Have we reached the end of political advertising? Donald Trump spent next to nothing on televised campaign spots during the primaries — and not all that much more on web-only ads, for that matter — and dominated from start to finish. Trump then went dark for months on broadcast television while Hillary Clinton poured money into traditional television advertising over the summer. Last month, Team Hillary spent 68% of their campaign cash on TV ads, the Washington Post reports this morning, going all-in on attacking Trump’s temperament and character:
The massive investment that Democratic presidential nominee Hillary Clinton is making on the airwaves dominated her spending in August, as her campaign plowed more than $33 million in ad production and airtime, a new campaign finance filing shows.
Clinton’s media expenses accounted for 68 percent of the $49 million that her campaign raced through in its biggest spending month yet. She doled out $5 million to pay 789 staffers in August. And she dramatically upped her polling, shelling out almost $1.3 million to five separate firms, up from $244,173 in July.
What exactly has air supremacy bought Hillary? At the moment, the race is all but tied, and Hillary has lost ground over the last four weeks. FiveThirtyEight’s polling aggregation and analysis now gives Trump a 42.9% chance of winning the election, nearly quadrupling the 10.8% shot Trump had five weeks ago:
What does this tell us about campaign advertising? Perhaps not as much as we’d like to think. Voters tend to dismiss advertising in politics, but not with much evidence … until now, anyway. However, to call this an unusual election is to engage in humorous understatement. Both Donald Trump and Hillary Clinton came into this race with name-recognition saturation, so attempting to define Trump through attack ads seems rather futile in retrospect. For that matter, attempts to reframe Hillary through positive advertising seems almost as futile, even if the redefinition itself is clearly needed.
What would have worked? I’m just spitballing here, but perhaps a clearer focus on policy might have made a difference for Hillary. Given her long experience in government, that should have been a strength, although her track record while serving in government suggests that may be just another weakness. But relying on candidate-defining ads in a race where both candidates are already so well known clearly has been a waste of time, effort, and tons of cash.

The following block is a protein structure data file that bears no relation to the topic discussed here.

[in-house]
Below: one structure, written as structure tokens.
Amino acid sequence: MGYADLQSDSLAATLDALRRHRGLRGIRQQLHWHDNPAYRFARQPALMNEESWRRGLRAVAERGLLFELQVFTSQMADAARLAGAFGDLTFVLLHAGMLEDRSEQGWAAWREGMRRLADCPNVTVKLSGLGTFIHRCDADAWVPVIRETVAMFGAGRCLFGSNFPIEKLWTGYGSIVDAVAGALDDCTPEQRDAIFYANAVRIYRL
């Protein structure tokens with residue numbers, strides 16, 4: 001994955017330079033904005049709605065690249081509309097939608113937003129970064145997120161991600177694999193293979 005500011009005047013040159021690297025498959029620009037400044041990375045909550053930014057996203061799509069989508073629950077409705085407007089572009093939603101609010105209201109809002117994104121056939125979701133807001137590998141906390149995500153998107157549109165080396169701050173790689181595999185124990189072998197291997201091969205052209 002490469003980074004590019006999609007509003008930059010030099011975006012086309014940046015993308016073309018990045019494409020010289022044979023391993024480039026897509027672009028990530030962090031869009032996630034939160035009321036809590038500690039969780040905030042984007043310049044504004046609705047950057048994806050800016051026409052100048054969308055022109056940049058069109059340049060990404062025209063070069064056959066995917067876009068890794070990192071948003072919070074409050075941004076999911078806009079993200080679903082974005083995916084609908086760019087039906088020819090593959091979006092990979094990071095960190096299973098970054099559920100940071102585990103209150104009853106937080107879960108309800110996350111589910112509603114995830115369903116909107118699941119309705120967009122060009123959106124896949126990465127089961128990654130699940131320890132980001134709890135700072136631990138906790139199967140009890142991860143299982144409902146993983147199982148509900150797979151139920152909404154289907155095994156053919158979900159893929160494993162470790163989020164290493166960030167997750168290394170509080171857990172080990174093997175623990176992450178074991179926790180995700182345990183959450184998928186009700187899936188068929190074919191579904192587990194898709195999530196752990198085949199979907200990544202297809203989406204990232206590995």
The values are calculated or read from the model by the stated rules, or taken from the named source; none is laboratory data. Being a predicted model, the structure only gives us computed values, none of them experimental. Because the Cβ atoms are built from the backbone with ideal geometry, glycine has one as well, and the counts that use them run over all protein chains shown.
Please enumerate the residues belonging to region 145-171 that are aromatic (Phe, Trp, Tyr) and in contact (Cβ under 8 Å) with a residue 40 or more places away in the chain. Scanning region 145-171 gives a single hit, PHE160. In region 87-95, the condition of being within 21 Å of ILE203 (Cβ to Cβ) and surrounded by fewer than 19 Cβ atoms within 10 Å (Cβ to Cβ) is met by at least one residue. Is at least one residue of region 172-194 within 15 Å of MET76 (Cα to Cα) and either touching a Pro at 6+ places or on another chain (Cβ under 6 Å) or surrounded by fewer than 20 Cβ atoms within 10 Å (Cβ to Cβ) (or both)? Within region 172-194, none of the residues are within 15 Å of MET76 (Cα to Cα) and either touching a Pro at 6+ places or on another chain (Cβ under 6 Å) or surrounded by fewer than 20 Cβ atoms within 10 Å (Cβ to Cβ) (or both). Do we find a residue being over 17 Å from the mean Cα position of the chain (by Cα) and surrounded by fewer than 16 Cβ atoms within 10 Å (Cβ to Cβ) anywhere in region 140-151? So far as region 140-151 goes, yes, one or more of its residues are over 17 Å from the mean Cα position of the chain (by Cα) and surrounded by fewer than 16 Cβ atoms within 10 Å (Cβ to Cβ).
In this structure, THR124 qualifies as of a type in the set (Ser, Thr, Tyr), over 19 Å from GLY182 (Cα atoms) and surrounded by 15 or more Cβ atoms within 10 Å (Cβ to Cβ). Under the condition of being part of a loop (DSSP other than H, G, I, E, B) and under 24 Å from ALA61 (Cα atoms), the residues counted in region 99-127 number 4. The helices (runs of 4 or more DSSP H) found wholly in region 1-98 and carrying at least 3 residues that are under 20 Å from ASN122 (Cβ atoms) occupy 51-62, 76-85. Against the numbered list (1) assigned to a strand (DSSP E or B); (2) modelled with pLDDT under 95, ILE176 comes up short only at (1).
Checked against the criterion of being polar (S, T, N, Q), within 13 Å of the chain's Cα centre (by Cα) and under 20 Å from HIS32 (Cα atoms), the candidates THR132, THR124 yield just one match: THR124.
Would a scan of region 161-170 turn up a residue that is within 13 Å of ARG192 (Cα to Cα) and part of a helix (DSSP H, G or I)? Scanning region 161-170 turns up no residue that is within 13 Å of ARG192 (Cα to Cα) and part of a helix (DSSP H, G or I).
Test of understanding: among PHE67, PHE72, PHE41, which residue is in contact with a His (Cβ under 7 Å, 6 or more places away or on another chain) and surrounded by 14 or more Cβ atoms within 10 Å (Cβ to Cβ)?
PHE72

Interestingly, Trump has begun to open up his campaign’s coffers — but not necessarily for a massive air war:
The campaign’s largest investment continues to be in digital consulting and online ads. Giles-Parscale, a San Antonio-based firm whose president, Brad Parscale, serves as the Trump campaign’s digital director, was once again the biggest vendor for the month, collecting $11.1 million, much of which was directed to digital ads. The company, which got its foothold designing websites for the Trump Organization in 2011, had previously been paid $12.5 million this cycle.
Cambridge Analytica, a data-analytics firm backed by GOP megadonor Robert Mercer, got $250,000 in August, up from $100,000 in July. Trump’s media consultant, Rick Reed, was paid $4.5 million to place TV ads. And Private Jet Services, a New Hampshire-based air charter, received $2.3 million. That’s a shift from past months, when Trump mainly used own his private jet company Tag Air to fly. In August, Tag Air was paid just about $320,000. …
Of the $90 million that Trump said he raised in conjunction with the Republican National Committee in August, his campaign reported collecting nearly $41 million for the month. He began September with $50.3 million in the bank.
After looking at the futility of Hillary’s bombardment, Trump might have concluded that broadcast ads aren’t worth the investment. That’s still a gamble; there’s a question of opportunity cost from not running a major ad campaign, as in “Could Trump’s odds have risen any further with more robust advertising?” If the lightweight TV footprint carries the day, however, it might spell the end of a lucrative quadrennial income opportunity for broadcasters … but perhaps only when it comes to political and entertainment celebrities.